Govt opens £17m AI student fund but firms must pay too

studentThe Government is dishing out up to £17m in funding to create more scholarships for AI and data science conversion courses, in a move which it claims will help underrepresented people in the tech industry – including women, black people, those with disabilities and from disadvantaged backgrounds – join the AI industry.

As part of the initiative, ministers are calling on companies to play their part in creating a future pipeline of AI talent by co-funding the AI scholarships, claiming it will help get more people into the AI and data science job market quicker and strengthen UK their businesses.

Together, Government and industry funding will create two thousand scholarships for masters AI and data science conversion courses, each worth £10,000, meaning UK firms will have to stump up £3m towards the cost.

An independent organisation, to be announced later this year, will be responsible for encouraging industry participation and investment into the AI Scholarships scheme.

The programme is enabling graduates to do further study courses in the field even if their undergraduate course is not directly related, creating a new generation of experts in data science and AI.

Courses are open to anyone who meets a participating university’s entry requirements. Details of how to apply are available on the universities’ websites. Eligible applicants can apply for a scholarship through their university.

Ministers point out that the UK has a long history in AI, from codebreaker Alan Turing’s early work through to London-based DeepMind’s pioneering research which will enable quicker and more advanced drug discovery.

The UK is ranked third in the world for private venture capital investment into AI companies (2019 investment into the UK reached almost £2.5bn) and is home to a third of Europe’s total AI companies.

The Government claims the new scholarships will ensure more people can build successful careers in AI, create and develop new and bigger businesses, and will improve the diversity of this growing and innovative sector.

The first stage of the AI and data science conversion courses in 2019, delivered by the Office for Students, supported 28 universities in England to set up and provide degree conversion courses in AI and data science.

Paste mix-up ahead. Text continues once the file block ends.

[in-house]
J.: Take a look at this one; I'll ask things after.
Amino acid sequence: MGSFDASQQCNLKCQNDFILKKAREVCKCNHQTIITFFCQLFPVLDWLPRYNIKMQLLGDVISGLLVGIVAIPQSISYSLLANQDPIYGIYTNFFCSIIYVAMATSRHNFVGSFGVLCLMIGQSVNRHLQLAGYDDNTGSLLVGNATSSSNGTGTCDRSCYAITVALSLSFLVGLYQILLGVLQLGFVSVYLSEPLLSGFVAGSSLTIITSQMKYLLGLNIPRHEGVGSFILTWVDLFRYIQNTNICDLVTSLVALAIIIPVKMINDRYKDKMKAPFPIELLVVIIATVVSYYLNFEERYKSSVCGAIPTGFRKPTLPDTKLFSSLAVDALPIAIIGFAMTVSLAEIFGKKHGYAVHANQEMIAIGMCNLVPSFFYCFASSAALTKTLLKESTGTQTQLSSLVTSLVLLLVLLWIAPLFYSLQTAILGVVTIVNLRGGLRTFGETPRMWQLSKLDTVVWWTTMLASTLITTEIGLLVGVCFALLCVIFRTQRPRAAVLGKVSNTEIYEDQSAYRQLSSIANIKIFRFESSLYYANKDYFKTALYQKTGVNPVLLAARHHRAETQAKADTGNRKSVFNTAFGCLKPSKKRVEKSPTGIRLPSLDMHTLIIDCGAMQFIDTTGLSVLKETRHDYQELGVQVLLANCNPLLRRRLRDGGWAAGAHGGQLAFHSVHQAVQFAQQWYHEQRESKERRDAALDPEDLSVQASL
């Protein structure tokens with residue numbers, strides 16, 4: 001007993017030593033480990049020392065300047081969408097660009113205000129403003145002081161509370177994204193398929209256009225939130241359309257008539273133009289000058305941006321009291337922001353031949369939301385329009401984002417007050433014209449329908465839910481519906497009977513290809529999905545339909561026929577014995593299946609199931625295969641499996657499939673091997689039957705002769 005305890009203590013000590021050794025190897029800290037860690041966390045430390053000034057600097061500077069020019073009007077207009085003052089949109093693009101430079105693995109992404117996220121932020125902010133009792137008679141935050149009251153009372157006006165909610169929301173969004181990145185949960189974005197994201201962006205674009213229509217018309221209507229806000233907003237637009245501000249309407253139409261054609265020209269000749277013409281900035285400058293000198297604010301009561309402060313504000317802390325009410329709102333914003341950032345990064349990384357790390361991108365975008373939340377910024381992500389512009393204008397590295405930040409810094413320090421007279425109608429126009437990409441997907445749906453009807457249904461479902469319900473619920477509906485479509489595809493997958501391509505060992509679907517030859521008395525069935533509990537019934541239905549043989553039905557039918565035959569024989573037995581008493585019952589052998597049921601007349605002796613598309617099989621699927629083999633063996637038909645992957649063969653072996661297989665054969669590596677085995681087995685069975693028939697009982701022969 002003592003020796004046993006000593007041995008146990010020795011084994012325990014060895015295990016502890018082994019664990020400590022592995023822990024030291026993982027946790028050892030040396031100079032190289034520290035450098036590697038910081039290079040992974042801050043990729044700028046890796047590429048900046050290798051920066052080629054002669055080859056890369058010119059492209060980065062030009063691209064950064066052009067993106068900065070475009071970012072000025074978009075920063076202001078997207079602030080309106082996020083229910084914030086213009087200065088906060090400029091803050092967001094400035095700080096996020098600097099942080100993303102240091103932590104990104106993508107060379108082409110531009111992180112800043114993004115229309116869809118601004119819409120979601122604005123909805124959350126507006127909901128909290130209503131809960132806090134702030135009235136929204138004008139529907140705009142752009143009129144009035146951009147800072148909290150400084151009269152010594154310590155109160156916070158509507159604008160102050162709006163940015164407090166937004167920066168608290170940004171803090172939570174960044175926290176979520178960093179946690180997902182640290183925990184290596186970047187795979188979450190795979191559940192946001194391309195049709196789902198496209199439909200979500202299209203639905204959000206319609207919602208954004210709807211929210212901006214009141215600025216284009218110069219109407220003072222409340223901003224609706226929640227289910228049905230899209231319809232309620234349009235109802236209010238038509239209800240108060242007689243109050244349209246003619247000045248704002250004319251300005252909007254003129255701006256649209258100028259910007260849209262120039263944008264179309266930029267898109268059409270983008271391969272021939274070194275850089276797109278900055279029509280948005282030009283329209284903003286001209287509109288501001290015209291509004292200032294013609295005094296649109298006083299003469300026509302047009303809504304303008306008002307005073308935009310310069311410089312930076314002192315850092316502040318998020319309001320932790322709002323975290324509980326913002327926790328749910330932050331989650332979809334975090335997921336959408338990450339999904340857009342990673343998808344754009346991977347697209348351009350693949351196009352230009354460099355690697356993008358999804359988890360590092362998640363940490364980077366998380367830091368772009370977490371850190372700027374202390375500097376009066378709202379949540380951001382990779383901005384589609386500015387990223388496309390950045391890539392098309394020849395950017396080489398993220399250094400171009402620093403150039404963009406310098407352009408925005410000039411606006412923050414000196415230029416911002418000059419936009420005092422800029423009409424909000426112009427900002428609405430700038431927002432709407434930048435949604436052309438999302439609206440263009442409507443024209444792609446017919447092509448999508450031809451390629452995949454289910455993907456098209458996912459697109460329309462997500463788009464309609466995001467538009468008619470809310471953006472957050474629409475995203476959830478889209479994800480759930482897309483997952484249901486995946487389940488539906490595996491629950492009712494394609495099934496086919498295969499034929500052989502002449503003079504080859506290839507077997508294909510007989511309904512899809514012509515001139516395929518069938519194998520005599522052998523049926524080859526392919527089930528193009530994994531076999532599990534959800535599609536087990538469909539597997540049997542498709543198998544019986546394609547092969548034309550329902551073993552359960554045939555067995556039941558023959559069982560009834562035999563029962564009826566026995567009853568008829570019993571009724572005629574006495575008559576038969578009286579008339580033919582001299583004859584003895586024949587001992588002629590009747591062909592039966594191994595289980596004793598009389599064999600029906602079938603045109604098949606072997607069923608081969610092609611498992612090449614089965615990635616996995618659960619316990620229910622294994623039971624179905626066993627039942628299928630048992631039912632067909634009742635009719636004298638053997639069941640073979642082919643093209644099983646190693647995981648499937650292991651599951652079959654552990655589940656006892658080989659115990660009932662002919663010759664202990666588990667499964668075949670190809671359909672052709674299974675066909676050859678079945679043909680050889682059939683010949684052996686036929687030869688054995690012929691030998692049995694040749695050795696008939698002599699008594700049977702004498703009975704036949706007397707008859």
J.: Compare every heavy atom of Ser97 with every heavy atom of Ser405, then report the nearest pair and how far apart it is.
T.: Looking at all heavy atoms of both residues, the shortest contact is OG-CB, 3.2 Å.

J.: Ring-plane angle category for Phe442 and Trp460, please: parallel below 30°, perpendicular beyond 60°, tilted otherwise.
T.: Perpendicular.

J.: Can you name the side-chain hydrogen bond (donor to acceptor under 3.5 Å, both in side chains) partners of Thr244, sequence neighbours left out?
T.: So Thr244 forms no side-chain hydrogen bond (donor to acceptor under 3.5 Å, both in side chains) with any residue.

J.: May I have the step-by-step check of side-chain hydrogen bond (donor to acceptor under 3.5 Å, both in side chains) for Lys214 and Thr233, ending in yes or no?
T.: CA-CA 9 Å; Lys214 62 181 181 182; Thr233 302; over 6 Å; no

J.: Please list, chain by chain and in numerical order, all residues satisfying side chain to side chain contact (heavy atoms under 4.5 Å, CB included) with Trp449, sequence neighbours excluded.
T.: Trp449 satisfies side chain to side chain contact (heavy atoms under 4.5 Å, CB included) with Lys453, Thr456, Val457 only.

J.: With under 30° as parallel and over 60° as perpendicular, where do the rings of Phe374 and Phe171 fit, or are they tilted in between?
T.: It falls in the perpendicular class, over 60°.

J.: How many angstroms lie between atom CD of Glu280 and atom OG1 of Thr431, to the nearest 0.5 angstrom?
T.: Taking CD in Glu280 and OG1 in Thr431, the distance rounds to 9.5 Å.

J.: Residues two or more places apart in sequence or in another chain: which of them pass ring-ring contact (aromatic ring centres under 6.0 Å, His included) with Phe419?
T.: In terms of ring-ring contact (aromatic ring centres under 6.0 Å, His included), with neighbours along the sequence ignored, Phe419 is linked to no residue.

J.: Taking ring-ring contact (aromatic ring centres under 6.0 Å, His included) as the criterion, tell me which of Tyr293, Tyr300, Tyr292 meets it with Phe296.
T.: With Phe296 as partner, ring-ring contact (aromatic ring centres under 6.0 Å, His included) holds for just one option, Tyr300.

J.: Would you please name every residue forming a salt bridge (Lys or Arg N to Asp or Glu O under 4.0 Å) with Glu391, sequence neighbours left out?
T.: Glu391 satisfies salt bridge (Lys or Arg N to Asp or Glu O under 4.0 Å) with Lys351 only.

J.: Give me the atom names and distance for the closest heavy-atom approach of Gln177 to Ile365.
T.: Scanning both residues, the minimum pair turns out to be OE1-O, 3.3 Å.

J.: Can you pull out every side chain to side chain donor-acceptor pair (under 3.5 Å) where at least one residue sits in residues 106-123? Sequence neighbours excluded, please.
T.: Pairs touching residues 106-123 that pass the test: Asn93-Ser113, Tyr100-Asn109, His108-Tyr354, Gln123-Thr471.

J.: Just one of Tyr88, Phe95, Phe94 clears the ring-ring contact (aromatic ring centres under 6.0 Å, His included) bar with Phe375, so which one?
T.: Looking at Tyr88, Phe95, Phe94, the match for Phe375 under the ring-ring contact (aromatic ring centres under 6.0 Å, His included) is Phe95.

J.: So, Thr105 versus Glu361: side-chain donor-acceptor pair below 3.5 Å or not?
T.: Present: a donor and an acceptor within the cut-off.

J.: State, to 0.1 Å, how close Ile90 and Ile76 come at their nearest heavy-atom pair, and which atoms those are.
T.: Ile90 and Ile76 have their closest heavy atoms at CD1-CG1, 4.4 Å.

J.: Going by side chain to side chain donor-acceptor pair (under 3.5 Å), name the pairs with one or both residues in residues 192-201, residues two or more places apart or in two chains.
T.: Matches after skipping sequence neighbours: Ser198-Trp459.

The £13.5m AI Scholarship programme attractive a diverse group of students, with 76% of scholarship students being women, compared to only 30% of masters students on traditional computing courses. Nearly half, 45%, of the scholarship students were black and 24% had disabilities.

Some 84% of the scholarship students were based outside of London and the South East.

DCMS minister for tech and the digital economy Chris Philp said: “The UK is already a world leader in AI. Today we’re investing millions to ensure people from all parts of society can access the opportunities and benefits AI is creating in this country.

“We are doubling the number of AI scholarships previously available to underrepresented groups to build a diverse and inclusive workforce fit for the future of tech.

Office for Students director for fair access and participation John Blake added: “The postgraduate conversion courses offer a valuable opportunity for students from all backgrounds to contribute fresh perspectives and innovation to data science and artificial intelligence. In turn, these courses provide an important opportunity for organisations of all sizes to address the digital skills gap and support the post-pandemic recovery right across the country.

“The enrolment data for the first year of the programme indicates that the courses are contributing to changes in the tech industry towards a more diverse workforce. I look forward to the next phase of the programme and seeing how universities and organisations are collaborating to support access for underrepresented students, and the subsequent successes of students as they continue to develop their learning and experiences in this crucial industry.”

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